And Veer Savarkar, the man credited for creating Hindutva, argued that the rights that Hindus deserve to enjoy as a majority under a democratic and legal framework can never be denied, and are the primary impetus for the Hindu national project. In forming a new nation-state that guarantees constitutionally equal citizenship, Savarkar declared that “minorities no longer need special rights”.
In 2019, the Hindutva-led government proposed the Citizenship Amendment Act as a practical step towards realising a Hindu nation. When it comes to the “Hindu Nation”, it is evident that one becomes an Indian only when one becomes a Hindu.
The Muslim status
Gyanendra Pandey, a prominent Indian political and social thinker, enquires whether a Muslim can become an Indian. He points out: “All Hindus naturally become nationalists by the mere fact of being Hindu, while Muslims also become communalist by the very mere fact [of being Muslim]. To avoid this, Muslims must constantly prove that they are nationalists.”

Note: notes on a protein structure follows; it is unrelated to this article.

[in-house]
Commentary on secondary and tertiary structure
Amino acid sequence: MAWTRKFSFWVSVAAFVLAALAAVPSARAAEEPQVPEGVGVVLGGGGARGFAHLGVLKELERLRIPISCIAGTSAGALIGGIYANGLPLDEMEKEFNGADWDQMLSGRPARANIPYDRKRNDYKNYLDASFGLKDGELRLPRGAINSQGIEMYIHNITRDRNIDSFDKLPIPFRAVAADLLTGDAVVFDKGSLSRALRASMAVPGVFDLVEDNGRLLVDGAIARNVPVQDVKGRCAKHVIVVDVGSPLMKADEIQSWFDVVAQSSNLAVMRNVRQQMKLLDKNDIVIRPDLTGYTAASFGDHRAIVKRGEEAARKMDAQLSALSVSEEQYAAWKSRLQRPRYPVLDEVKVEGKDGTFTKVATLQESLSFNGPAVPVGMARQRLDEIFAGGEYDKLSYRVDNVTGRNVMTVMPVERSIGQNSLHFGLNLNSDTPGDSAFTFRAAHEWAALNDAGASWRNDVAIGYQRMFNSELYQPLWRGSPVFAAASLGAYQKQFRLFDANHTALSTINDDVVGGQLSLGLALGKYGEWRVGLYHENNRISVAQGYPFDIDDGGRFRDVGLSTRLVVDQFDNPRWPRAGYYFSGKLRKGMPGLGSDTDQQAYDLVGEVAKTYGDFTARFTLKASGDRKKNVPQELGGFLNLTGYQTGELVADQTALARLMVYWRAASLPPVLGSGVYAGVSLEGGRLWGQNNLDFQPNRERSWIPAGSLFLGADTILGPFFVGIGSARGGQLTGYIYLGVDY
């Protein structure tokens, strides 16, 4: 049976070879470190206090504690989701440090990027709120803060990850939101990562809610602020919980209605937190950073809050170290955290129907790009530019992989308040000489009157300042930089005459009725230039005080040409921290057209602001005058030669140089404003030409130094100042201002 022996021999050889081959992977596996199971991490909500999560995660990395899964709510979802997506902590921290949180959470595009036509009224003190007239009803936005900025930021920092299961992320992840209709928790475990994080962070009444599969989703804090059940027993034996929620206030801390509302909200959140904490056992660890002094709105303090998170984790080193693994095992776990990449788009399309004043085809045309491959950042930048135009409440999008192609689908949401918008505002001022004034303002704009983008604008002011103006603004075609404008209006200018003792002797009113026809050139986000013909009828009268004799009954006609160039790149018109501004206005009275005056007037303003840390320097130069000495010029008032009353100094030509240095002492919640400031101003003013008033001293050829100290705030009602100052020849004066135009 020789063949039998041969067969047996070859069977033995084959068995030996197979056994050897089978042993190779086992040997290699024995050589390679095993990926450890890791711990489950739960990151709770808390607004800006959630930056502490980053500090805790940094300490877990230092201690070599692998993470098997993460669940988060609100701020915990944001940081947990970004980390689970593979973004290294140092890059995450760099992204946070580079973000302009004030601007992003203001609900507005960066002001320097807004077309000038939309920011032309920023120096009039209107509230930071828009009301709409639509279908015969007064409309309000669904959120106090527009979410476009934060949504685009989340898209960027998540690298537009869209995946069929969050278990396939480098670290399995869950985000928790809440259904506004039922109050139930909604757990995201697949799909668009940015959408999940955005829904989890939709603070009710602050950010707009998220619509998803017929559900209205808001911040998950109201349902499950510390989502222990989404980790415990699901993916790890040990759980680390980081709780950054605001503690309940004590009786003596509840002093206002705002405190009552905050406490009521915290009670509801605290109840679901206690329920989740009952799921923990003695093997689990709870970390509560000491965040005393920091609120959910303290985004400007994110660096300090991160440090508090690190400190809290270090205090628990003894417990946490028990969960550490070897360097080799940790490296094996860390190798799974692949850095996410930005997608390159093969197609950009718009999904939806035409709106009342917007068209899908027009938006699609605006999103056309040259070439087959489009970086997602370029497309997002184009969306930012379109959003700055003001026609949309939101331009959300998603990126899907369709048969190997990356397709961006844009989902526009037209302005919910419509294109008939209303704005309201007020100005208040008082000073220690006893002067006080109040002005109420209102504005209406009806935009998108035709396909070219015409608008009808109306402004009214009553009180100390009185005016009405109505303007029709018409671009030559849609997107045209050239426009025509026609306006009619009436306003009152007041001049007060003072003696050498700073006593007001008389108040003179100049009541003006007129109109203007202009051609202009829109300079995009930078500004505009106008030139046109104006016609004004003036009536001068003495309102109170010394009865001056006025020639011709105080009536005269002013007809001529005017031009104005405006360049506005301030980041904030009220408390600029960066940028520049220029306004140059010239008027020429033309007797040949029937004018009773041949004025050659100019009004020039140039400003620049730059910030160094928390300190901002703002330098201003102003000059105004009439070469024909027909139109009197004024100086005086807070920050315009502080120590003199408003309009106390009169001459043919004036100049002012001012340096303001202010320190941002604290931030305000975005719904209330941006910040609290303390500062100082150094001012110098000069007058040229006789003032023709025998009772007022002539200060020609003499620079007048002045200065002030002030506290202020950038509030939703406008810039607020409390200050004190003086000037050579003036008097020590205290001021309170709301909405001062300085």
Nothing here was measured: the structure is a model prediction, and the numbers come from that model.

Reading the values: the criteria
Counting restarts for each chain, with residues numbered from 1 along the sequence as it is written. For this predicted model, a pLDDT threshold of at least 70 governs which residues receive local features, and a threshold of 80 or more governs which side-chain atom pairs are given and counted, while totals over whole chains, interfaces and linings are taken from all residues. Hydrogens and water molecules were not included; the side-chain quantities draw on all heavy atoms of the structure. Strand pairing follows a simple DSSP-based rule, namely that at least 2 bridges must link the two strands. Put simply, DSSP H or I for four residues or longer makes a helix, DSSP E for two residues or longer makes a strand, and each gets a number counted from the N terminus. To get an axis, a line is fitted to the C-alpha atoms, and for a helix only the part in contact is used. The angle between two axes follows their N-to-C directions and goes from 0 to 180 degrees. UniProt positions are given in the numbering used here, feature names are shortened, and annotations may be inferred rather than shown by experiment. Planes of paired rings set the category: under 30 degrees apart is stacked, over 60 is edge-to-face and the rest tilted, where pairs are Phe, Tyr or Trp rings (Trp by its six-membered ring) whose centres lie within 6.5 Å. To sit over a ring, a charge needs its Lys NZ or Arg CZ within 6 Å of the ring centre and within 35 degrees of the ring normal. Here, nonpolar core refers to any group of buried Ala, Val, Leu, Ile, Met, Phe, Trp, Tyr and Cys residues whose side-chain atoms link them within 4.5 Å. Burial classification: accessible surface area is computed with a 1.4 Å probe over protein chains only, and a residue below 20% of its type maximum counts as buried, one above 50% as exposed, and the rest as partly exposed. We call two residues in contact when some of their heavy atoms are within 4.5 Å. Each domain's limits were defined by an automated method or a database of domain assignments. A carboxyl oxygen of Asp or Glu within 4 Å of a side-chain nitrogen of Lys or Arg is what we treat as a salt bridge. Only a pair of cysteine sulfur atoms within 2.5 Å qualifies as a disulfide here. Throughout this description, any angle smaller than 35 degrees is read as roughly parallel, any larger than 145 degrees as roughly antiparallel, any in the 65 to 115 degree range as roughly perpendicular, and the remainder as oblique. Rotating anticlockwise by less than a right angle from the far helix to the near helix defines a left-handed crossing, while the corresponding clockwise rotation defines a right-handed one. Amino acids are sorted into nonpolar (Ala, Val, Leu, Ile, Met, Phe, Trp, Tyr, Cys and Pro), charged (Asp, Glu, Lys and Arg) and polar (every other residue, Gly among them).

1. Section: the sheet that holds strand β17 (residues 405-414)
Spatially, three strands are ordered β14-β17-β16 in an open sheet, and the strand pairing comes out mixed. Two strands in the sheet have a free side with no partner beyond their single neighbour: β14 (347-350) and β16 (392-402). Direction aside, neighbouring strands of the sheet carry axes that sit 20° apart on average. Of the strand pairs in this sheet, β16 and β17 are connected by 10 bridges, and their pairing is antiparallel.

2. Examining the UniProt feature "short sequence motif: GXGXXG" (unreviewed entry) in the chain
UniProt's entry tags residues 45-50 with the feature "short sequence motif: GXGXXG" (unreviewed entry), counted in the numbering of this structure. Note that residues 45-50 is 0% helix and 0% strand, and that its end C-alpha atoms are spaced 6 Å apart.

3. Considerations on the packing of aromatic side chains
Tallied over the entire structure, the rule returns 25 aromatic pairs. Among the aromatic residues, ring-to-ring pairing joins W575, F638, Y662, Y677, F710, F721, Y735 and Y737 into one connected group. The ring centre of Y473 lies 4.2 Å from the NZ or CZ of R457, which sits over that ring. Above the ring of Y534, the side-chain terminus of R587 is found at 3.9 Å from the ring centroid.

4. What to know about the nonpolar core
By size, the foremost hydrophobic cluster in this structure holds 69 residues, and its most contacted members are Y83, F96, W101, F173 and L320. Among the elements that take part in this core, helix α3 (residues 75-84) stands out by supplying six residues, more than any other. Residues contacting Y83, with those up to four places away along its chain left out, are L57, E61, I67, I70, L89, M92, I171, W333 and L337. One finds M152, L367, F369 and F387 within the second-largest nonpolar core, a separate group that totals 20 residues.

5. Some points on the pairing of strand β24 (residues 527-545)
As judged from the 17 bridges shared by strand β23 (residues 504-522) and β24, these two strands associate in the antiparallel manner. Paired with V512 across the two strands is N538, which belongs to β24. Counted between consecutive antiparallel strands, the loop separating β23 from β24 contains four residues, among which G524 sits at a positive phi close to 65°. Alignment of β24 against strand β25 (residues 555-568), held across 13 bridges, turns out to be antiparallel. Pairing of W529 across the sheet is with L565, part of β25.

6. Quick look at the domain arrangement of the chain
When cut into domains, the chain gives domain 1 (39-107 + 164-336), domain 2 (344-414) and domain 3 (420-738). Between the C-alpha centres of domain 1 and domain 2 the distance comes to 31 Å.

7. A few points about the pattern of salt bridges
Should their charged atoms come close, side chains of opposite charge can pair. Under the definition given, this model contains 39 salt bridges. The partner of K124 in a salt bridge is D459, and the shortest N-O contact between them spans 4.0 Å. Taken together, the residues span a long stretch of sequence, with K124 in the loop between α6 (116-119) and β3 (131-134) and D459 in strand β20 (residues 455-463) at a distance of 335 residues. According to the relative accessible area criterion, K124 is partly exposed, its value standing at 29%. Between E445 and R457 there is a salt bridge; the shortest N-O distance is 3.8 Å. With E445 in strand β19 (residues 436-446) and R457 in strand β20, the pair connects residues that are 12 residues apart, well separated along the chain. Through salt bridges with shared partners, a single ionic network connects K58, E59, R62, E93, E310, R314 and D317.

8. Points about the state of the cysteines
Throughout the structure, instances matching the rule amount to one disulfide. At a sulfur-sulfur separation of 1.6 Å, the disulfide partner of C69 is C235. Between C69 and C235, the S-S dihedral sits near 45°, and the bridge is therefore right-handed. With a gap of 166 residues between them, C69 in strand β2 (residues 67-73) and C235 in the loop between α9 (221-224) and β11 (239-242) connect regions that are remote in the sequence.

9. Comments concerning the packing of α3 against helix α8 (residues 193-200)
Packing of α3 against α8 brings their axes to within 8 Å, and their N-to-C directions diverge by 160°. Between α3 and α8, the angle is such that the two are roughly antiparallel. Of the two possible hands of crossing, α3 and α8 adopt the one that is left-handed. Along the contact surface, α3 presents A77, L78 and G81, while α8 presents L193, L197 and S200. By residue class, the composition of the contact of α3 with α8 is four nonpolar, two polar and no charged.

Another prominent socio-political thinker in India, Professor G Aloysius, also pointed out in his study “Nationalism without a Nation in India” that Indian nationalism was formed in response to British colonial occupation and to protect the interests of upper-caste Hindus in India.
Another important historical premise on which the Citizenship Amendment Act was built followed the formation of Pakistan in 1947. The remaining Muslims in India would only be granted suspicious citizenship preventing their integration into Indian nationalism. Muslims were the racial counterparts of Indian nationalism, leading to current policies rendering them stateless in their own country.
The Supreme Court’s verdict in 2019 awarding the land of the Babri Masjid mosque to the Ram Temple and acquitting the Hindutva culprits who demolished the Babri Masjid in 1992 was a blatant legal injustice denying Muslims their religious rights – a perpetuation of the state’s systemic attacks on Islamic religious institutions.